Like many other “stone” fruits (those with large stone-like seeds in the middle), the seeds, leaves, and stems of the apricot tree contain cyanide. According to Pet Poison Helpline cyanide “inhibits cytochrome oxidase, an enzyme necessary for cellular oxygen transport, preventing appropriate oxygen uptake by cells”. Symptoms of toxic ingestion include dilated pupils, difficulty breathing, inadequate oxygen levels, bright red gums, shock, which can lead to death.

Cherry

Cherry trees including the Choke cherry, Black cherry and cherry laurel also contain cyanide.  With exception of the ripe cherry pulp, all other parts of the plant is considered toxic.  According to Pet Poison Helpline cyanide “inhibits cytochrome oxidase, an enzyme necessary for cellular oxygen transport, preventing appropriate oxygen uptake by cells”. Symptoms of toxic ingestion include dilated pupils, difficulty breathing, inadequate oxygen levels, bright red gums, shock, which can lead to death.

Macadamia Nuts

According to Pet Poison Helpline, the Macadamia tree is a member of the Protaceae family. Depending on the amount ingested, clinical signs of severe lethargy, increased body temperature, vomiting, tremors, joint stiffness, and inability to walk (commonly hind limb) may be seen. The toxic mechanism is unknown but can effect nerve function (specifically, the motor macadamia Nuts neurons, neuromuscular junctions, muscle fibers or neurotransmitters).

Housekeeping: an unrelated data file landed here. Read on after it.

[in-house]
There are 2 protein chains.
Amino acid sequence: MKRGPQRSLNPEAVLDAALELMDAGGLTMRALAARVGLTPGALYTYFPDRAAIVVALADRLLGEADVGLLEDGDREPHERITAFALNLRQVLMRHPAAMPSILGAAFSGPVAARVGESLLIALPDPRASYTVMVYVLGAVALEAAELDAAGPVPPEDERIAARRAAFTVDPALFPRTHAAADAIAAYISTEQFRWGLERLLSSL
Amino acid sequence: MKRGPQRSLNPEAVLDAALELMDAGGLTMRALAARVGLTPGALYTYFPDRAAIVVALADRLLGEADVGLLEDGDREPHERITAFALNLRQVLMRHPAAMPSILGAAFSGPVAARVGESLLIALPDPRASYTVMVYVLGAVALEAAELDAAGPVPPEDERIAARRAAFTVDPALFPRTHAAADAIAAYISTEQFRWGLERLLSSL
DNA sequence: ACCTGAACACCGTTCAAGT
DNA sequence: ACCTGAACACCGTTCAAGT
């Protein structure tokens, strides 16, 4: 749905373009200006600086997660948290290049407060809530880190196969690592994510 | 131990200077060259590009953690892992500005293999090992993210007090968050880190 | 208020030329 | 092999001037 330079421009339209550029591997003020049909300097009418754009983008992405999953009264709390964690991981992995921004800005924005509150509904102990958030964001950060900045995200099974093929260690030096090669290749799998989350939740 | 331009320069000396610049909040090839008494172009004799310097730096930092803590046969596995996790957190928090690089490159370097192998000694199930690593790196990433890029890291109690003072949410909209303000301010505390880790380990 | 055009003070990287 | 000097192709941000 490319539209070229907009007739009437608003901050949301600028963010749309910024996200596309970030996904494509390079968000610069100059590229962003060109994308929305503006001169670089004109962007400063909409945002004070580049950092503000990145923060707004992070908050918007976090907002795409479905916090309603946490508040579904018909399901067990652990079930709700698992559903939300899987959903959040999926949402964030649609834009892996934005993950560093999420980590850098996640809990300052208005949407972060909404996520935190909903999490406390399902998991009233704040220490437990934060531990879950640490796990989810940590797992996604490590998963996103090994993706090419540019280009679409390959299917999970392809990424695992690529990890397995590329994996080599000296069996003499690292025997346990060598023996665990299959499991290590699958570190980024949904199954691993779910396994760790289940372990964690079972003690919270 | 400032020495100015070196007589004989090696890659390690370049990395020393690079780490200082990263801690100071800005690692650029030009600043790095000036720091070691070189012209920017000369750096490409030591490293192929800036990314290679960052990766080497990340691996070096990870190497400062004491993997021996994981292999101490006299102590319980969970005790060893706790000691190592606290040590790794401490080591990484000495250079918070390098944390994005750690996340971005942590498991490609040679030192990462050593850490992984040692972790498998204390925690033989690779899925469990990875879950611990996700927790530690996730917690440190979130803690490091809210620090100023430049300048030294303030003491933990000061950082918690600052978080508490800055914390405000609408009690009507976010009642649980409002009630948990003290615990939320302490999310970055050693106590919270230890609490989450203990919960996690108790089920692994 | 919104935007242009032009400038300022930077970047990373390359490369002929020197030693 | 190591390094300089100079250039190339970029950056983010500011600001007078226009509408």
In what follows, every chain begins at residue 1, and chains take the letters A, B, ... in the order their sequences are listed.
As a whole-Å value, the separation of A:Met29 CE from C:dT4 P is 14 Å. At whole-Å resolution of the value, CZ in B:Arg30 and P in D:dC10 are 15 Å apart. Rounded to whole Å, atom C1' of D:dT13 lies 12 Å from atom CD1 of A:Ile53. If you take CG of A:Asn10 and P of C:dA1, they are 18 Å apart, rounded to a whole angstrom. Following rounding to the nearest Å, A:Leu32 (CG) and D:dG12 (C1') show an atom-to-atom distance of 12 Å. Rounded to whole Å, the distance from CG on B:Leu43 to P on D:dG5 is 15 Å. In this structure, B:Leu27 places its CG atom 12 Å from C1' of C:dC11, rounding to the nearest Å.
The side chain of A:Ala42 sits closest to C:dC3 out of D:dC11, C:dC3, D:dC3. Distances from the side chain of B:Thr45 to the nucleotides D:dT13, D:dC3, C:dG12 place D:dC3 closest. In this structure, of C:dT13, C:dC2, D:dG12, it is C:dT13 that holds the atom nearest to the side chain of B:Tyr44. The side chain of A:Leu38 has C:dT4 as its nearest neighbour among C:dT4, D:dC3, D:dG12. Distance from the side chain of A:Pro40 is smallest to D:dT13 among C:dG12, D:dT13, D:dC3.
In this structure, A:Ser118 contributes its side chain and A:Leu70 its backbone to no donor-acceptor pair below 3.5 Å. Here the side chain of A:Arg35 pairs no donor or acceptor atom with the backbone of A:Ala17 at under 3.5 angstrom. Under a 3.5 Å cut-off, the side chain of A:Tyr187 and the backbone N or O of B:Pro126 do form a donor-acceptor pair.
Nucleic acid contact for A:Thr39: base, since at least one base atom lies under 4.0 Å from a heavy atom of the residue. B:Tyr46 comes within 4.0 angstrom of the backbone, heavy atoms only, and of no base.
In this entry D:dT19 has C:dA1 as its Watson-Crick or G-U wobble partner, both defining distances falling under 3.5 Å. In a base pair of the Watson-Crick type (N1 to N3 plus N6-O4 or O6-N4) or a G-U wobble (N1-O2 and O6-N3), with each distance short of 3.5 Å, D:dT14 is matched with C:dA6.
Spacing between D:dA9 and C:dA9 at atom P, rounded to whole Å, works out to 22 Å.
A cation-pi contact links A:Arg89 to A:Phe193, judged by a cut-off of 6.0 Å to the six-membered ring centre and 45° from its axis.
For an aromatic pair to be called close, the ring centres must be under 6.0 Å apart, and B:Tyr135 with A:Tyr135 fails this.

Chocolate

contains theobromine, that acts like a stimulant. Dogs, don’t have the enzyme needed to break it down. Too much theobromine can overstimulate the central nervous and cardiovascular systems leading to increased blood pressure, vomiting, dehydration, abdominal pains, seizures, and even death. The better the chocolate (dark chocolate and bakers chocolate) the more dangerous it is to your dog.  Remember dogs love the taste of chocolate just like humans and are a frequent reason for calls to the Pet Poison Helpline.

chocolate

Photograph by Pexels

grapes and raisins

Photograph by Pixabay

Grapes, Raisins and Currants

Although the mechanism of action is not clearly understood on how grapes, raisins and currants are poisonous at this time, this common fruit can result in anorexia, vomiting, diarrhea, and potentially severe acute renal failure.  All types of grape, or raisin-containing products (including grape juice, trail mix, bagels, etc.) can result in this.

Onions

Onions contain an ingredient called thiosulphate which is toxic to cats and dogs. The ingestion of onions causes a condition called hemolytic anemia, which is characterized by damage to the red blood cells. Onion toxicity can cause red blood cells throughout the dog’s body to burst.

onions

Photograph by Pixabay

Xylitol

Xylitol is a natural, sugar-free sweetener commonly found in many chewing gums, mints, foods, oral rinses, toothpastes, and OTC supplements. Trust me from personal experience, the xylitol content of these products varies widely. Even a small ingestion can cause an acute, life-threatening low blood sugar (hypoglycemia) within 10-15 minutes.  Larger ingestions can result in acute liver necrosis and liver failure.